The new reality for Senate Democrats

McConnell: Not opposed to negotiating with Obama
McConnell: Not opposed to negotiating with Obama

    JUST WATCHED

    McConnell: Not opposed to negotiating with Obama

MUST WATCH

McConnell: Not opposed to negotiating with Obama 05:52

Story highlights

  • Most Senate Democrats have never been in the minority
  • New status in Senate will require adjustment for many Democrats

Washington (CNN)When Democratic senators arrived for their policy lunch this week, several came off the elevators in the Capitol and turned instinctively towards the Mansfield Room, a large and elegant meeting space just off the Senate floor.

It was only after walking in on a roomful of lunching Republican senators that the Democrats, to their chagrin, realized that when they lost the majority, they also lost many of the perks of power -- including use of the spacious room that's hosted Democratic caucuses for the last eight years.
"I'm going to the wrong caucus," Sen. Sherrod Brown, D-Ohio, said with an embarrassed smile as he turned to find the LBJ Room, an equally ornate but tighter room where the smaller 46-member Democratic caucus will now meet.
    Best of Biden: Senate Swearing-In
    orig bw best of biden senate swearing in_00001008

      JUST WATCHED

      Best of Biden: Senate Swearing-In

    MUST WATCH

    Best of Biden: Senate Swearing-In 00:49
    "Oh, I forgot we were in this room," grumbled Sen. Chuck Schumer, a New York Democrat, as he walked into LBJ.
    The room assignment is just one example of how life will be different for Democrats after a long eight years in the majority -- so long, in fact, that most current Democratic senators have never served in the minority.
    Gone are coveted committee chairmanships and the enormous influence over legislation, oversight hearings and investigations that go with them. Gone too are committee slots for Democrats, as Republicans beef up GOP control of the committees that will vote to cuts taxes, slash spending, ditch government regulations, and approve other measures that many Democrats oppose.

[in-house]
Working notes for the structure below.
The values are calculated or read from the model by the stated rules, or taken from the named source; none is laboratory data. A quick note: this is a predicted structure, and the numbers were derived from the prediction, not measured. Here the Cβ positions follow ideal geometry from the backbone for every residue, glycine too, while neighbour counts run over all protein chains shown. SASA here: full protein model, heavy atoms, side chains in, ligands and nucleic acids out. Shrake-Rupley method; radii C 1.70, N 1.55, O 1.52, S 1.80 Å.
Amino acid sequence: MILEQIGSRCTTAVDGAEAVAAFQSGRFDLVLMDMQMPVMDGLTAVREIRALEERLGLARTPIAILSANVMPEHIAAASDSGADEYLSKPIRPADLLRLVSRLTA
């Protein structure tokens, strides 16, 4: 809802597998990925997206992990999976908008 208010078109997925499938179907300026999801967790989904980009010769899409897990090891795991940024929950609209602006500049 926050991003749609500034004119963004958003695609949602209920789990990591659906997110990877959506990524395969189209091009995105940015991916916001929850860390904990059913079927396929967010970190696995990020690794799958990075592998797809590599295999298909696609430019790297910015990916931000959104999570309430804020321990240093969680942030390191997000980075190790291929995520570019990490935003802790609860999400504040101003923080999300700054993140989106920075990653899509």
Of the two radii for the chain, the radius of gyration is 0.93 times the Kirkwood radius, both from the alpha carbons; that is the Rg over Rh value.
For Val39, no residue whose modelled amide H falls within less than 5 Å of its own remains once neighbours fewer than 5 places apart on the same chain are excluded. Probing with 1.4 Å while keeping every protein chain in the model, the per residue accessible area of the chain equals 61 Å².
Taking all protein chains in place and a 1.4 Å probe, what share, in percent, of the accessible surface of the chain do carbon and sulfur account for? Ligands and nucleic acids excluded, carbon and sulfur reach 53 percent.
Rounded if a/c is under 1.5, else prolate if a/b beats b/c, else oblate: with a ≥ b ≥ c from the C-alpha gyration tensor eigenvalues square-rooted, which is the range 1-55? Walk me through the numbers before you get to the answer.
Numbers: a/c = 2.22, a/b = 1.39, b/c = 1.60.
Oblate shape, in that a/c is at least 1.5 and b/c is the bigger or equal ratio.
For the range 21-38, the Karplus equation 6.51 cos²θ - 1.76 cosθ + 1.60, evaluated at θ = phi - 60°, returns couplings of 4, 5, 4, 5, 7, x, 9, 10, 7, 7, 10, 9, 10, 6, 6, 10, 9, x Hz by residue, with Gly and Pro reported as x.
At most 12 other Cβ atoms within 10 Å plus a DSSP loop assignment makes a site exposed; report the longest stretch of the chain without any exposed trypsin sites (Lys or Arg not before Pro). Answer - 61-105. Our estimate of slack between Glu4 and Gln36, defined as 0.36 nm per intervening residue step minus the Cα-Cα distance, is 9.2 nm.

The long weekends Democrats regularly scheduled by taking most Fridays off are also a thing of the past. To boost the Senate's woeful productivity, GOP leaders are vowing to work five days a week.
    114th Congress: The (not so) calm before the storm
    First Day of Congress_00002721

      JUST WATCHED

      114th Congress: The (not so) calm before the storm

    MUST WATCH

    114th Congress: The (not so) calm before the storm 01:52
    For Sen. Patrick Leahy, D-Vermont, who during the last Congress served as president pro tempore of the Senate (the most senior senator from the majority party), the change means he's no longer third in line to the presidency as called for in the Constitution. That change also means he loses the U.S. Capitol Police detail that was assigned drive him and be with him at all times -- arguably a tough perk to give up. Sen. Orrin Hatch, R-Utah, now has that privilege.
    "It's tough. I guarantee it's tough," said Sen. John McCain, with a wry smile when asked how the Democrats will cope getting used to the minority. McCain, who has seen the control of the chamber change several times over his three decades in the Senate, said the hardest part may be that "you're used to setting the agenda" and "you're used to reporting out your own legislation."
    Democratic Sen. Patty Murray of Washington, who last year chaired the influential Budget Committee, agreed that "not setting the agenda" will be the most frustrating part of not being in the majority.
    "But I've been in the minority before and it's a great opportunity to outline and fight for the things you care about."
    Democrats recognize they will draw much of their power and relevance over the next two years because there is a Democrat is in the White House who can veto GOP legislation and they can vote to uphold those vetoes.
    "Ultimately, when we veer towards the most partisan issues, the White House becomes a major player," said Sen. Dick Durbin, the second-ranking Democrat. "And the President's veto pen becomes a major element and 34 Democratic senators become decisive," he said, referring to the number of Democrats needed to prevent Republicans from overriding a presidential veto.
    One thing that doesn't change with the switch is the location of McConnell's suite of offices and the suite occupied by the now Minority Leader Harry Reid. Both suites are very large and have gorgeous views down the Mall to the Washington Monument and Lincoln Memorial. Years ago, the parties decided they wouldn't go through the labor and expense of moving the leaders' offices whenever the majority changed.
    McConnell may regret that now. While Reid's office is sequestered in a back hallway, largely off limits to the press, McConnell's office sits in a more public area in the center of the building.
    That means whenever he leaves his office he will run into the gauntlet of reporters who pester him regularly. While McConnell was in the minority, he was disciplined and tight-lipped, rarely giving a usable quote. But the pressure on him to answer questions is sure to increase now that he's running the Senate and reporters will be hanging on his every word.